The Reliability of the Civic Hybrid
You may have seen Honda’s commercial for their 2013 Civic Hybrid. In the commercial, Honda pushes the mantra that “things can always get better” featuring a backdrop of interesting technologies and clips of the Civic Hybrid. But, as far as any new car goes, it’s only new until you start using it. It is a technology like anything else. A new car won’t get better the longer you own it. It will face the usual wear and tear and will need maintenance, repairs, and constant upkeep. The real question is, can you rely on your 2013 Honda Civic to maintain its value and utility?
The 2013 Civic Hybrid is a four-door sedan with seating for five. The car costs anywhere from $24,360 to $27,060, but you should expect to pay less than sticker price. It comes with a slew of safety systems including airbags and childproof locks. This car has great safety ratings from various sources including the U.S. News and World Report. The Civic Hybrid also includes a bunch of tech options. You can add on a satellite-linked navigation system or opt for leather seats. Bluetooth is standard in the vehicle, as are audio features like a USB interface and XM radio. If you want to really know what your fuel economy is, you can take a look at the average fuel economy indicator, which is also standard.
If you’re in the market for a Honda Civic Hybrid, you probably have an eye out for gas mileage. The EPA gives this car a good gas mileage rating. This vehicle gets an estimated 44 miles to the gallon in the city, and 44 miles to the gallon on the highway. Even taking into account some variation, the Civic Hybrid gets good mileage. This car’s gas tank is a bit larger than 13 gallons, so you could go pretty far on one tank of gas. You could get from New York City to Washington D.C. and back, plus have an extra 100 extra miles left to go. Don’t expect the EPA ratings to be exact. There has been some controversy over this and other cars’ claims about gas mileage.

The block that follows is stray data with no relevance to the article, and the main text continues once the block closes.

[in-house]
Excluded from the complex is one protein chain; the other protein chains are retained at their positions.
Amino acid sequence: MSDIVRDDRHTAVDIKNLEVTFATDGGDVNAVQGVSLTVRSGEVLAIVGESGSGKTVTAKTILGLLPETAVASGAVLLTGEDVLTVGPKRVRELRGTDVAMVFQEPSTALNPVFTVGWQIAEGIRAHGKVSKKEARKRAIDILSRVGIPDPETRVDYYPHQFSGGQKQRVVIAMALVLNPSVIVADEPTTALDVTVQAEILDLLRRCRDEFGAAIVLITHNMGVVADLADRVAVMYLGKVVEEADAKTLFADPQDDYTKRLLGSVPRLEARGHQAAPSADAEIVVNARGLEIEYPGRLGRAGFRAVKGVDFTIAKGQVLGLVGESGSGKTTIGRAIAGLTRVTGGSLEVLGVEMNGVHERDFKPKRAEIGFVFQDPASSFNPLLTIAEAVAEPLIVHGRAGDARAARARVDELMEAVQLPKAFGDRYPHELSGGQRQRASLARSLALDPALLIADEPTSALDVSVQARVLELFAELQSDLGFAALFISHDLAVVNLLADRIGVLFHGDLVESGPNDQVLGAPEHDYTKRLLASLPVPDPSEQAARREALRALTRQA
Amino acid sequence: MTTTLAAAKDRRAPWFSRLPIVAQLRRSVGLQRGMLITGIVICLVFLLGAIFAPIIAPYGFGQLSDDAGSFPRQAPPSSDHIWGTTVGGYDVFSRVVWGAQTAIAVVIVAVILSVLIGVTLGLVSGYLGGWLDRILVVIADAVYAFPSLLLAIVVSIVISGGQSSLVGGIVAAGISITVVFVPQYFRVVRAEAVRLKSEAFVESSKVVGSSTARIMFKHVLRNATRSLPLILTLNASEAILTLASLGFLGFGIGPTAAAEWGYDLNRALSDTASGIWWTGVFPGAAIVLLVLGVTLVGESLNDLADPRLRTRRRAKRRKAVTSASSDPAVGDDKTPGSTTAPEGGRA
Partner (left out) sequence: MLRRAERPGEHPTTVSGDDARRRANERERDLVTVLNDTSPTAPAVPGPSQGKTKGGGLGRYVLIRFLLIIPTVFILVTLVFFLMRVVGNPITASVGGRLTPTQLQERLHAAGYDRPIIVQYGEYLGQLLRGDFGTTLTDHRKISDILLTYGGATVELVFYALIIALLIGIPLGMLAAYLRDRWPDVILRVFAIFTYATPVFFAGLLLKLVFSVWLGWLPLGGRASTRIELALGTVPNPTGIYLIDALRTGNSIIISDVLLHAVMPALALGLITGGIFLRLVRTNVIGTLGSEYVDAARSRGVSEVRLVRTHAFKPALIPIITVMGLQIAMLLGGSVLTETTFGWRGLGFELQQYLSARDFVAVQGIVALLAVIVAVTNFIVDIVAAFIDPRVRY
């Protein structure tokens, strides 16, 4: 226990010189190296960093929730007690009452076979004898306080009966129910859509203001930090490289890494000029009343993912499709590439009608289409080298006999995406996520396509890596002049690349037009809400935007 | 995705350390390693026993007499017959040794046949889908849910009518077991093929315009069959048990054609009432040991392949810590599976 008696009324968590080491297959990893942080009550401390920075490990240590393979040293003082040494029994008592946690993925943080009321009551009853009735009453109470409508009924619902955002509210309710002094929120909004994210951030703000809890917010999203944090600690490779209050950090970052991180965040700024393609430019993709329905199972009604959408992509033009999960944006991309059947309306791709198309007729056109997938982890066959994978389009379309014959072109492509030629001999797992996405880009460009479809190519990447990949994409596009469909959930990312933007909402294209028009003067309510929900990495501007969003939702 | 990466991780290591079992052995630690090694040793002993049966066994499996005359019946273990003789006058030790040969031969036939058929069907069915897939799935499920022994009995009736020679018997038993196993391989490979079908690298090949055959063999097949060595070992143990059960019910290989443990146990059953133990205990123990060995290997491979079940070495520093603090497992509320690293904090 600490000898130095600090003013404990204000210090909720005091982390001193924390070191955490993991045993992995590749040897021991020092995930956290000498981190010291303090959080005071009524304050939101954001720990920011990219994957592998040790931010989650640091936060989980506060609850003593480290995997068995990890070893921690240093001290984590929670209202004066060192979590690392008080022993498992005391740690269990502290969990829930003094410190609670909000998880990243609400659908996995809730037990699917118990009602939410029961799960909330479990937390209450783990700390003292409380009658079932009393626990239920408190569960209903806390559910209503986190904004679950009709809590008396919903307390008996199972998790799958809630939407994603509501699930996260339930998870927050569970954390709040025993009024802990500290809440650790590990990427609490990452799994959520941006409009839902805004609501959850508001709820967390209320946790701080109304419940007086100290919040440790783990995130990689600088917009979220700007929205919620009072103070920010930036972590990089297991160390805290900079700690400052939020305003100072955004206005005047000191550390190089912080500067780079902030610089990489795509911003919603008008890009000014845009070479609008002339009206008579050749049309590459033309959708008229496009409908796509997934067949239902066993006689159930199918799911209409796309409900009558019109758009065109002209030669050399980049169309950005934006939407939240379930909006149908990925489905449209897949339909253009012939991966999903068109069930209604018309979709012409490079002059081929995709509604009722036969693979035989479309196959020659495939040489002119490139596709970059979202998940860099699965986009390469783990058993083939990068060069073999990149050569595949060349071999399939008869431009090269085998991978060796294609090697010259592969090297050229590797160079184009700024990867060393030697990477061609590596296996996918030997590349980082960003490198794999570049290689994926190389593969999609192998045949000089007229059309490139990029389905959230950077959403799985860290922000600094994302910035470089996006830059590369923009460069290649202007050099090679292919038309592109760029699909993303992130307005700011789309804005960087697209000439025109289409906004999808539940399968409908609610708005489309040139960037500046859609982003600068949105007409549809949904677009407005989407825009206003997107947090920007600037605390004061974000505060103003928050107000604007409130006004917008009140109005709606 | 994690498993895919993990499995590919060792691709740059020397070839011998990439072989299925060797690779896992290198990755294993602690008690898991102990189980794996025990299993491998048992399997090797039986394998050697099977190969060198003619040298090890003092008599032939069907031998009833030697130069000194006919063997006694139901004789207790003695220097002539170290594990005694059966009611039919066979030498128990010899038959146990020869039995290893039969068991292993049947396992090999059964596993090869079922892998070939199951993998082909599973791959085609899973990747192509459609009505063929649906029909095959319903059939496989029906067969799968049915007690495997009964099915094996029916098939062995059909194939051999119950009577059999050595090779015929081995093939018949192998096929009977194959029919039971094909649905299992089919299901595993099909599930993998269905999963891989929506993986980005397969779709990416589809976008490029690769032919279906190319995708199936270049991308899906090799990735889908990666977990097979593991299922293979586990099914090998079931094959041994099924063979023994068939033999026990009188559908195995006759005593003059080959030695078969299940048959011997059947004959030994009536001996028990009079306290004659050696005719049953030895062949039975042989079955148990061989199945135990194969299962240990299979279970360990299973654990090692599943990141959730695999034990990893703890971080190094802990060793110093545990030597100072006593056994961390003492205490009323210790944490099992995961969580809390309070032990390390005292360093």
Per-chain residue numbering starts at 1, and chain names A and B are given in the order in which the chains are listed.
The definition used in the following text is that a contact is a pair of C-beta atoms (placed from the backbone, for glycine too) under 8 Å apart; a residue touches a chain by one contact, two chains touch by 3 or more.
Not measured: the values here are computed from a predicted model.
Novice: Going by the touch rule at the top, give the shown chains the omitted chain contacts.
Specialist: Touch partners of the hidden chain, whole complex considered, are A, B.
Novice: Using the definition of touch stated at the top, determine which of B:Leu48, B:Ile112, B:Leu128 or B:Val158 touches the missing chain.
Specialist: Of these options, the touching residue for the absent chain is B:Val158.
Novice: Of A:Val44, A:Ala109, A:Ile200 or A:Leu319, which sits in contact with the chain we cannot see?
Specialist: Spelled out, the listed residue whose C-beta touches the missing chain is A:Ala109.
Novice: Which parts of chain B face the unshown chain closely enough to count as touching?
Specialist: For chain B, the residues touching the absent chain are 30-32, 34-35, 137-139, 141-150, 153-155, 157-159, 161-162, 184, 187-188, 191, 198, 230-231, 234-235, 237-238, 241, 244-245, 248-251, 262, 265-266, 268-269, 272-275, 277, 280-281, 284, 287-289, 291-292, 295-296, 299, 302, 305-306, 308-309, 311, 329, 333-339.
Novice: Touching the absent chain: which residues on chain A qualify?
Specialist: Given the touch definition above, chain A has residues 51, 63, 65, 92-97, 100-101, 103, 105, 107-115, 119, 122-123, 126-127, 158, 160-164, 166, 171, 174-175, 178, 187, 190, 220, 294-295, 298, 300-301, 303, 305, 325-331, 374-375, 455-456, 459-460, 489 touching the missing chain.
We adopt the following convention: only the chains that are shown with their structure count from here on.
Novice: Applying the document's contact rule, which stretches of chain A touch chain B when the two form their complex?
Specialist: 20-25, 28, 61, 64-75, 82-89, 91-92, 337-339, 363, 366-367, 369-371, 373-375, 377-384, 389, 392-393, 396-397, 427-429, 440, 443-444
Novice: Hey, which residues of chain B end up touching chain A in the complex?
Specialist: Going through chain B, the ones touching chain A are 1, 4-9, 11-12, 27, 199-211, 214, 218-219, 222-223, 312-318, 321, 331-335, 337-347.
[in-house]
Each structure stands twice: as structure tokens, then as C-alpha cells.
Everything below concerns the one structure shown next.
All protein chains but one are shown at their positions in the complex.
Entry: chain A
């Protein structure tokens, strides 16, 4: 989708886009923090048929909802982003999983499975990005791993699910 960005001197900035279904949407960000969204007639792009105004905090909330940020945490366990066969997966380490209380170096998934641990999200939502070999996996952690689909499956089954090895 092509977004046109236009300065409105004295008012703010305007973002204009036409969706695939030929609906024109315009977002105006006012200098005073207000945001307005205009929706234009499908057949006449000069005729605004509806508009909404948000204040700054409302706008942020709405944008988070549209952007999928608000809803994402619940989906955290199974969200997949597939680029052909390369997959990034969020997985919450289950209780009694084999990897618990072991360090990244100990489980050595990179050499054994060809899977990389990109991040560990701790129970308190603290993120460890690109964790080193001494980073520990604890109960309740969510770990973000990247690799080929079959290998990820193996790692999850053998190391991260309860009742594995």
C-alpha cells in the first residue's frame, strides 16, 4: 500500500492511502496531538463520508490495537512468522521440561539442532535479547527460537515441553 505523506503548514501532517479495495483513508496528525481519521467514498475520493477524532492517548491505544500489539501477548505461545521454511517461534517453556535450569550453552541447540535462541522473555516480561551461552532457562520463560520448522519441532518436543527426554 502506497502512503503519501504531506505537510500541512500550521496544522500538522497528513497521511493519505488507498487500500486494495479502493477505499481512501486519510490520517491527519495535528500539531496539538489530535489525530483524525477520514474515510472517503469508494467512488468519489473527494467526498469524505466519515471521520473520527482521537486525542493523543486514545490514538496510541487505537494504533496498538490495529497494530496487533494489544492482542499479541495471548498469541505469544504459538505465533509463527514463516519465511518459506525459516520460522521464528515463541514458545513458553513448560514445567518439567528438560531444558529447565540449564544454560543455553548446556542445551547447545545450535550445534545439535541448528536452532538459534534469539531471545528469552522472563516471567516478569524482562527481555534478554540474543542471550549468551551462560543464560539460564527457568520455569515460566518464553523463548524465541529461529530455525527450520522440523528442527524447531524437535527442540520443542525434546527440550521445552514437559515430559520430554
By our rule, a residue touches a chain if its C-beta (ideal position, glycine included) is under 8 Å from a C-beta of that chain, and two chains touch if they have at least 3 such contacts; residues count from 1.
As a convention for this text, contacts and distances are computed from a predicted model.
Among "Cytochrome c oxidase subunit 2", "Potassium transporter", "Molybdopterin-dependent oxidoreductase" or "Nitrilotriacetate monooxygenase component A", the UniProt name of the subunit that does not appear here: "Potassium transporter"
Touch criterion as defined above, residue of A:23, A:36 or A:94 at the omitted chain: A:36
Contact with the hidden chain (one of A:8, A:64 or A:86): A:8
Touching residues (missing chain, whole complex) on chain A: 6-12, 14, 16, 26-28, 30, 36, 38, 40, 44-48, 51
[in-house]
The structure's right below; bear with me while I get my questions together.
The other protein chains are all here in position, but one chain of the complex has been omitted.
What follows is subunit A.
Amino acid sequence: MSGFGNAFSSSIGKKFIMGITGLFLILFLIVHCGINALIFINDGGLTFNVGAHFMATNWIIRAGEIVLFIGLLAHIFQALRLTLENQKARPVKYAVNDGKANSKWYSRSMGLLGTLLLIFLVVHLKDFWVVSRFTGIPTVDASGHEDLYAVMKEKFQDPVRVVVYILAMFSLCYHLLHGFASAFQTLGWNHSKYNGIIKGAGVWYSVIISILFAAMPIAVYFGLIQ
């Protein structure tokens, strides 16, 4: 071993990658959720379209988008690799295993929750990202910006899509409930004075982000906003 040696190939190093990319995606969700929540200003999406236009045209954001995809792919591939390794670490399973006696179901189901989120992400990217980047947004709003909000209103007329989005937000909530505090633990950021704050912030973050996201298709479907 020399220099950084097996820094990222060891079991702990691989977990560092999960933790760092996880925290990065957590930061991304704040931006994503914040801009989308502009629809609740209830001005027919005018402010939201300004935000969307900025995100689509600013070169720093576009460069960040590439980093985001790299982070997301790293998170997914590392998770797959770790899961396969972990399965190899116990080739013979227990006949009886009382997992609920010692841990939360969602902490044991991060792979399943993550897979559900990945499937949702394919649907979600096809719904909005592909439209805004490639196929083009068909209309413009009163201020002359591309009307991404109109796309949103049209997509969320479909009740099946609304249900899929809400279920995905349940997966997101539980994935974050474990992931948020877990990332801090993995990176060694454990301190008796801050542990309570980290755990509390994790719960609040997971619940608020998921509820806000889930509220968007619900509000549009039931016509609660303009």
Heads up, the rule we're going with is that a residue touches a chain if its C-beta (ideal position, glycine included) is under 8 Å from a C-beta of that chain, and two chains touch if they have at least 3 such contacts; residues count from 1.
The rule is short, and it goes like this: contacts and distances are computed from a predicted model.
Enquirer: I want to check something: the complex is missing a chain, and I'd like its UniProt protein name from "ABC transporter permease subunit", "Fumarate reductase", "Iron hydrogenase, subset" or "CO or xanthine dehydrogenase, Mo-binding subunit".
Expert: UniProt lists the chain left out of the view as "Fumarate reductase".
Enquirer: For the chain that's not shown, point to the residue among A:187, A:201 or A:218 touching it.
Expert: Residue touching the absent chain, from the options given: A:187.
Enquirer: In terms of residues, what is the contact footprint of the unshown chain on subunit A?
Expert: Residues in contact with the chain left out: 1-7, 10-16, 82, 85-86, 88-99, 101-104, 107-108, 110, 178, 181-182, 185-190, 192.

The Civic Hybrid has a lot of features, but the real question is, will it last? Kelly Blue Book estimates that the cost of ownership for this car for five years is about $35,000. Compared to similar Acura and Ford models, this vehicle is cheaper to own. Cost of ownership also depends on your particular financing options. The more you pay up front, the less you’ll pay in the long run. Kelly Blue Book does not expect this car to hold its value well. After five years or around 75,000 miles, KBB expects you’ll probably only get 41 percent of the purchase price. So, this car seems like a cheap one to own in the long run, but not one you’ll be able to resell for much.
Previous models have had battery issues. The batteries have not been as reliable as hoped. But, Honda equips new car buyers with warranties, so you will either be able to get a fix or a replacement. Besides these battery issues, which have proved to be minor, there are as yet no safety recalls on this vehicle. The Civic Hybrid is a reliable car, especially for all the features you get with it. U.S. News and World Report rates the 2013 Civic Hybrid a 4/5 when it comes to reliability.
What You’ll Like
When you step into your new Honda, whether it is for a test drive or the drive home, you’ll be happy to see a plethora of cool tech features. Though you won’t see it, you may also be happy to know that this car is one of the safest in its class. This car gets great mileage in stop-and-go city traffic, and in fast-paced environments. Compared to similar vehicles this car packs a horsepower punch. The car’s mileage, plus a low cost of maintenance makes this car cheap to maintain.
What You Wonapos;t Like
Although this car ranks well for reliability, it is not among the most reliable vehicles in its class. And while there have been no safety recalls, you may find some issues with odds and ends. There have been battery issues with previous versions of the car, so you may find something similar with your new Civic. Gas mileage claims tend not to be to true in practice, but that applies to all cars, and not only this one. You will probably want to hold onto this car after a while because while the Honda commercial claims "things can always get better," this car won’t sell for much after a few years of new automobile technology emerging on the market.
Although this car isn’t going to get better after you drive it every day for a year, it won’t need much maintenance either. This is a reliable automobile with some great features. It is definitely a car for today. It offers safety features, current technology, and good mileage. This car comes with few cons which are not significant enough to turn away from the idea of purchasing this model. The 2013 Honda Civic also packs some power, so you won’t be on the road trying to keep up with traffic.